Buddy and his pipe-smoking detective dog “Gee Man” sneak into the prison just as the police deliver “Machine Gun Mike”, a tough bulldog. (It’s odd how Buddy seems to be the lone human among humanized animals, isn’t it? Maybe he should have worn a dog suit instead of a false mustache.)
What they see is about as bad as they expected: the warden’s motto, printed on a poster on his office wall, is “ALL WORK AND NO PLAY!” (In a prison?
While Buddy furiously scribbles notes, we look in on a few of the prisoners:
Machine Gun Mike gets a letter from what he thinks is his girl, but it turns out to be a chain letter (not too different here from a present-day pyramid scheme). Such schemes proved quite popular in the cash-strapped Depression, reaching the height of their popularity at about the time this cartoon was released. They were decidedly less popular with the overtaxed postal workers who had to deliver them….
When the prisoner in the next cell laughs at him, the warden overhears and bellows: “Quiet!! No laughing around here!”
The gravelly voice of the inmates sounded strangely familiar; on investigation, I found it belonged to a fellow named Danny Webb, who I’m quite certain did a similar voice in several Walter Lantz cartoons (the sergeant in Boogie Woogie Bugle Boy Of Company B, for one). The voice of the character in the Lantz cartoon sounds identical to the one heard here. The warden, of course, is perennial bad guy Billy Bletcher.
Cut to a prisoner in the yard, catching a nap while lightly tapping the rocks he’s supposed to be breaking, with a ridiculously tiny hammer. The warden hands him a normal sledgehammer and bellows for him to “get to work!” The not-too-bright prisoner almost succeeds in cracking the warden over the head with it, and somehow manages to smash it on the rocks. The warden’s none too pleased, and forces the prisoner to chip away with the tiny hammer again.
In the meantime, Machine Gun Mike decides to find better accommodations, so he tries to send himself over the wall by shooting himself out of a cannon. The cannon simply backfires, causing the irritable warden to hand him a pick and growl “Get to work!” During all this, Buddy and “Gee-Man” happen to be watching.
Buddy types up his recommendations to the head of the department, and we next see a screaming headline:
BUDDY MADE WARDEN!
The next thing we see is Buddy yelling “Is everybody happy?” to a cheering crowd of prisoners. (I’m almost certain this crowd scene would be used in a later cartoon, but I couldn’t determine which one). New warden Buddy has transformed the prison into something resembling a resort, serving ice cream to the convicts; prisoners get their shoes shined while their nails are cared for by a pretty manicurist. The place is so much fun now, even tough Machine Gun Mike burns up his pardon papers to stay there.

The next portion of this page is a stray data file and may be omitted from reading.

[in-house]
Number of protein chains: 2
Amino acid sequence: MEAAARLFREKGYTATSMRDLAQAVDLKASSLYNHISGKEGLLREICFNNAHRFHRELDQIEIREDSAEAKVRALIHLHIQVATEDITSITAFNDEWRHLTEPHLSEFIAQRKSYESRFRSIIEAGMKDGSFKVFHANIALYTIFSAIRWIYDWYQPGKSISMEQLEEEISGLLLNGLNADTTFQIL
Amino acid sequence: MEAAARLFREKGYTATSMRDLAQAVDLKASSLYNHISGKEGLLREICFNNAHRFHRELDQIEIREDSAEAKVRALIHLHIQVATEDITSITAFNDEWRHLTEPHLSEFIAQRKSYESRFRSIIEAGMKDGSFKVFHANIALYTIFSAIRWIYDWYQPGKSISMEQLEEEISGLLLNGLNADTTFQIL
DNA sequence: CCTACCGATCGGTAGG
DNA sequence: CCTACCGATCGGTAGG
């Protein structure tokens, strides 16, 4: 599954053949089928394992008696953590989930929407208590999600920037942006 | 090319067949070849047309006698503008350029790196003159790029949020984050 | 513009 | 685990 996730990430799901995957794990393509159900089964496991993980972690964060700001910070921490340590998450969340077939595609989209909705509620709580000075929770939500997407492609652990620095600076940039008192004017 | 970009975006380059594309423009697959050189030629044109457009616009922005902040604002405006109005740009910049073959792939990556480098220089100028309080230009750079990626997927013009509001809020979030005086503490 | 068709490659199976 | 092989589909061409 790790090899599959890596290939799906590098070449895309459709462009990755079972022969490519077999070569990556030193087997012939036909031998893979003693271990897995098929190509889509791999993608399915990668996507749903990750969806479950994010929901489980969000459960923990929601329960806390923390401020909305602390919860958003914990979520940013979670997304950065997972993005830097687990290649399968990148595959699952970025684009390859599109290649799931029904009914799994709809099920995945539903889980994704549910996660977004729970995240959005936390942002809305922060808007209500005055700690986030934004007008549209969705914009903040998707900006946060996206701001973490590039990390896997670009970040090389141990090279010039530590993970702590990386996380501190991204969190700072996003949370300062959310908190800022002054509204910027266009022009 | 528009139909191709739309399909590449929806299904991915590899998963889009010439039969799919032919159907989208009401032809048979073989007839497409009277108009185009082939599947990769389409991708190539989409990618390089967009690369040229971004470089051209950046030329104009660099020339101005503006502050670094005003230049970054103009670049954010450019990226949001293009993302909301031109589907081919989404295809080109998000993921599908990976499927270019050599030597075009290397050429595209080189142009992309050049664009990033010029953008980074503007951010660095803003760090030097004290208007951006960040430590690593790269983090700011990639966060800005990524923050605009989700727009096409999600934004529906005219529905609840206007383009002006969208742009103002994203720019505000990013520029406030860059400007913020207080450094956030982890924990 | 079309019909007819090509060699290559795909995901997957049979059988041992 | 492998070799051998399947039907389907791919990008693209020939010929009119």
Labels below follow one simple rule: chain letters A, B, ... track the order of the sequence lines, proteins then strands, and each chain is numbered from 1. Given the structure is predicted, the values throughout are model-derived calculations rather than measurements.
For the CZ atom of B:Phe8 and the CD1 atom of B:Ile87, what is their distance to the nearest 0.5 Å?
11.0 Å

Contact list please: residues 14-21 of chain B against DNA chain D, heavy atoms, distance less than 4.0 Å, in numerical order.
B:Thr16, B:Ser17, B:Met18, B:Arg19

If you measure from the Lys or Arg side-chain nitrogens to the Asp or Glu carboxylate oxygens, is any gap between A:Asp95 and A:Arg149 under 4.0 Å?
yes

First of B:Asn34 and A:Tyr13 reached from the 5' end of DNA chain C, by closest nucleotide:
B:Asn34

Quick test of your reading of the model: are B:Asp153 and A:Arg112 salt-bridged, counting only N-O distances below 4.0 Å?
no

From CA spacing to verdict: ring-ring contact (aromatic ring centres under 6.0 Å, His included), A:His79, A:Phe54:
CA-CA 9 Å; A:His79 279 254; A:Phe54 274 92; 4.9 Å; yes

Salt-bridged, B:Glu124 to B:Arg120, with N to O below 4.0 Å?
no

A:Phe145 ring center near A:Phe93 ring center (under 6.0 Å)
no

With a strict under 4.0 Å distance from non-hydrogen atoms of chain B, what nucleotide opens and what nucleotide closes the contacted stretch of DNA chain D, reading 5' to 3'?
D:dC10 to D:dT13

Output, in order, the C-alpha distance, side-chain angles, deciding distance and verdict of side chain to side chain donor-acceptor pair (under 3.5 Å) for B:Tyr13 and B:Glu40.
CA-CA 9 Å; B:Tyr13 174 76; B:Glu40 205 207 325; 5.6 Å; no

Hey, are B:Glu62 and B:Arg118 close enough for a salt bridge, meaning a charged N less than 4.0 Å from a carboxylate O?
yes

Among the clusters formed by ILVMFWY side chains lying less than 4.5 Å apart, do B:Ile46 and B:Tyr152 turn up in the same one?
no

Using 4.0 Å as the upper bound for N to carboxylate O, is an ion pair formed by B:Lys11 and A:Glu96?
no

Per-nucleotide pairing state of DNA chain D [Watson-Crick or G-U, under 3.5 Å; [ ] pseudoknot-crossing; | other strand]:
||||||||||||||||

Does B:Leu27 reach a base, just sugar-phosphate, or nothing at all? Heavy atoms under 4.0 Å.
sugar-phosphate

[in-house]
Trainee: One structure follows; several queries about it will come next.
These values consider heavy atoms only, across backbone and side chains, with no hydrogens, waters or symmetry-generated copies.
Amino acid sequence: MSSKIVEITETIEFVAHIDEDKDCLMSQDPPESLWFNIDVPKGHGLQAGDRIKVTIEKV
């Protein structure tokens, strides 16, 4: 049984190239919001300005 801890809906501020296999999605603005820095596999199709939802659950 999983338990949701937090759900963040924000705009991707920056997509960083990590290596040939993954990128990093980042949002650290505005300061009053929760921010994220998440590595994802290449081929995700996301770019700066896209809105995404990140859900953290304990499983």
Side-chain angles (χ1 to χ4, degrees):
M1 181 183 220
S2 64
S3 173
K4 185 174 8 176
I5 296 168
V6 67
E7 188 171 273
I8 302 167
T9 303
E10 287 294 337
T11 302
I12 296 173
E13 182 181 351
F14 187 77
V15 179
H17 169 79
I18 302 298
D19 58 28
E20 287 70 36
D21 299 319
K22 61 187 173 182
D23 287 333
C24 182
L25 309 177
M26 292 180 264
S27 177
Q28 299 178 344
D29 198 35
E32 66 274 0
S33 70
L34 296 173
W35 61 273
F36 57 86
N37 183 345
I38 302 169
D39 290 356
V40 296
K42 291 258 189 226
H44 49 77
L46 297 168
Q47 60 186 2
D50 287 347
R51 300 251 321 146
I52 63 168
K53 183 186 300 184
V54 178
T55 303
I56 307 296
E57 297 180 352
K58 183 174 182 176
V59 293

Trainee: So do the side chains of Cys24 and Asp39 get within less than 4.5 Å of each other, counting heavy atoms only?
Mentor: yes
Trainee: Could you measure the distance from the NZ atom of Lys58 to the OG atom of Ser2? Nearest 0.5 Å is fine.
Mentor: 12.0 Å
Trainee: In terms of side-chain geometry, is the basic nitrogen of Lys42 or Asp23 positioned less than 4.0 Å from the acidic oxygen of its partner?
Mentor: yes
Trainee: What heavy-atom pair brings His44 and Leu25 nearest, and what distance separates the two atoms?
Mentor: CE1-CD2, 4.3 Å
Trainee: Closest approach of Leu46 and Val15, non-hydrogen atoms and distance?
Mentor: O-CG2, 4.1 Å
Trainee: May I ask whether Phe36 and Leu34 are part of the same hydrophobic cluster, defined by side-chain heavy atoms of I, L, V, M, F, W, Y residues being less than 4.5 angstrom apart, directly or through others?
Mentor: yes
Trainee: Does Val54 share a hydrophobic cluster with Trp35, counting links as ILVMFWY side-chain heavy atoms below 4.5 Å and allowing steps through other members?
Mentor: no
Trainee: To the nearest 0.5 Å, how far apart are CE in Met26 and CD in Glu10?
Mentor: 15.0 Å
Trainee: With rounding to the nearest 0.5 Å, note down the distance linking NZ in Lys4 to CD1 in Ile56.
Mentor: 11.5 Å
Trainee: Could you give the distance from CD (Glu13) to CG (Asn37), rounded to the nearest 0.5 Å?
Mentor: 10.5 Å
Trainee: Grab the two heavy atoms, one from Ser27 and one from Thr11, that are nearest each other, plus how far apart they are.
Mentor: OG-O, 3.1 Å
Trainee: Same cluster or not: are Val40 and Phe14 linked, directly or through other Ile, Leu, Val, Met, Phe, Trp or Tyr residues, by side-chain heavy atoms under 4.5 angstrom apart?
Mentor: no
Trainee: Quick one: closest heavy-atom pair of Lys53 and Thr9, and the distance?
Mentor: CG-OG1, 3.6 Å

The four gentleman silenced by the former warden sing Buddy’s praises to the tune of the earlier song, “Lulu’s Back In Town”; once word gets out that “Buddy’s warden now!”, criminals are actually clamoring to get in. The last we see of this cartoon–and of Buddy–is a scene of him holding up a “NO VACANCY” sign.
I hate to be the pessimist here, but I have a feeling Buddy’s new career as warden lasted about as long as his career in cartoons….
When the year 1935 began, I doubt any animator on the tiny Leon Schlesinger studio staff had an inkling they would soon turn the world of animation inside-out: revolutions are often hard to recognize when one is part of them. But that’s precisely what they would do–by the end of that pivotal year, they would have a new star character (Porky Pig), a new animation director (Tex Avery) and the first glimmers of a newer, crazier approach to humor. The studio that began 1935 imitating Disney would, by the end of that year, be well on its way to its future position as the studio that others imitated.
Revolutions, however, are not without their casualties; Buddy would unfortunately be one of them, and the innocence of the “wide-eyed” era would not be long behind. Audiences would no longer be satisfied with characters bouncing to a cheery little song–they wanted to laugh, and they wanted characters that did more than give them something to look at on screen while the music played.
More’s the pity, because this is a terrific cartoon. One comes away wishing there had been more musical numbers in the cartoon, as the “Lulu” number was quite entertaining. There aren’t many gags to speak of, though I did like one near the beginning: Buddy spits on a horseshoe for luck, tosses it away, and shatters a mirror, a situation liable to give the superstitious brain cramps. If a lucky horsehoe breaks a mirror, do they cancel each other out? That’s almost like a Stephen Wright joke (he’s the comedian who once said, “I bought some powdered water, but I didn’t know what to add…”)
I can’t say I’m clamoring for the return of Buddy. But I do wish today’s cartoons had the vitality of the cartoons of the “wide-eyed” age.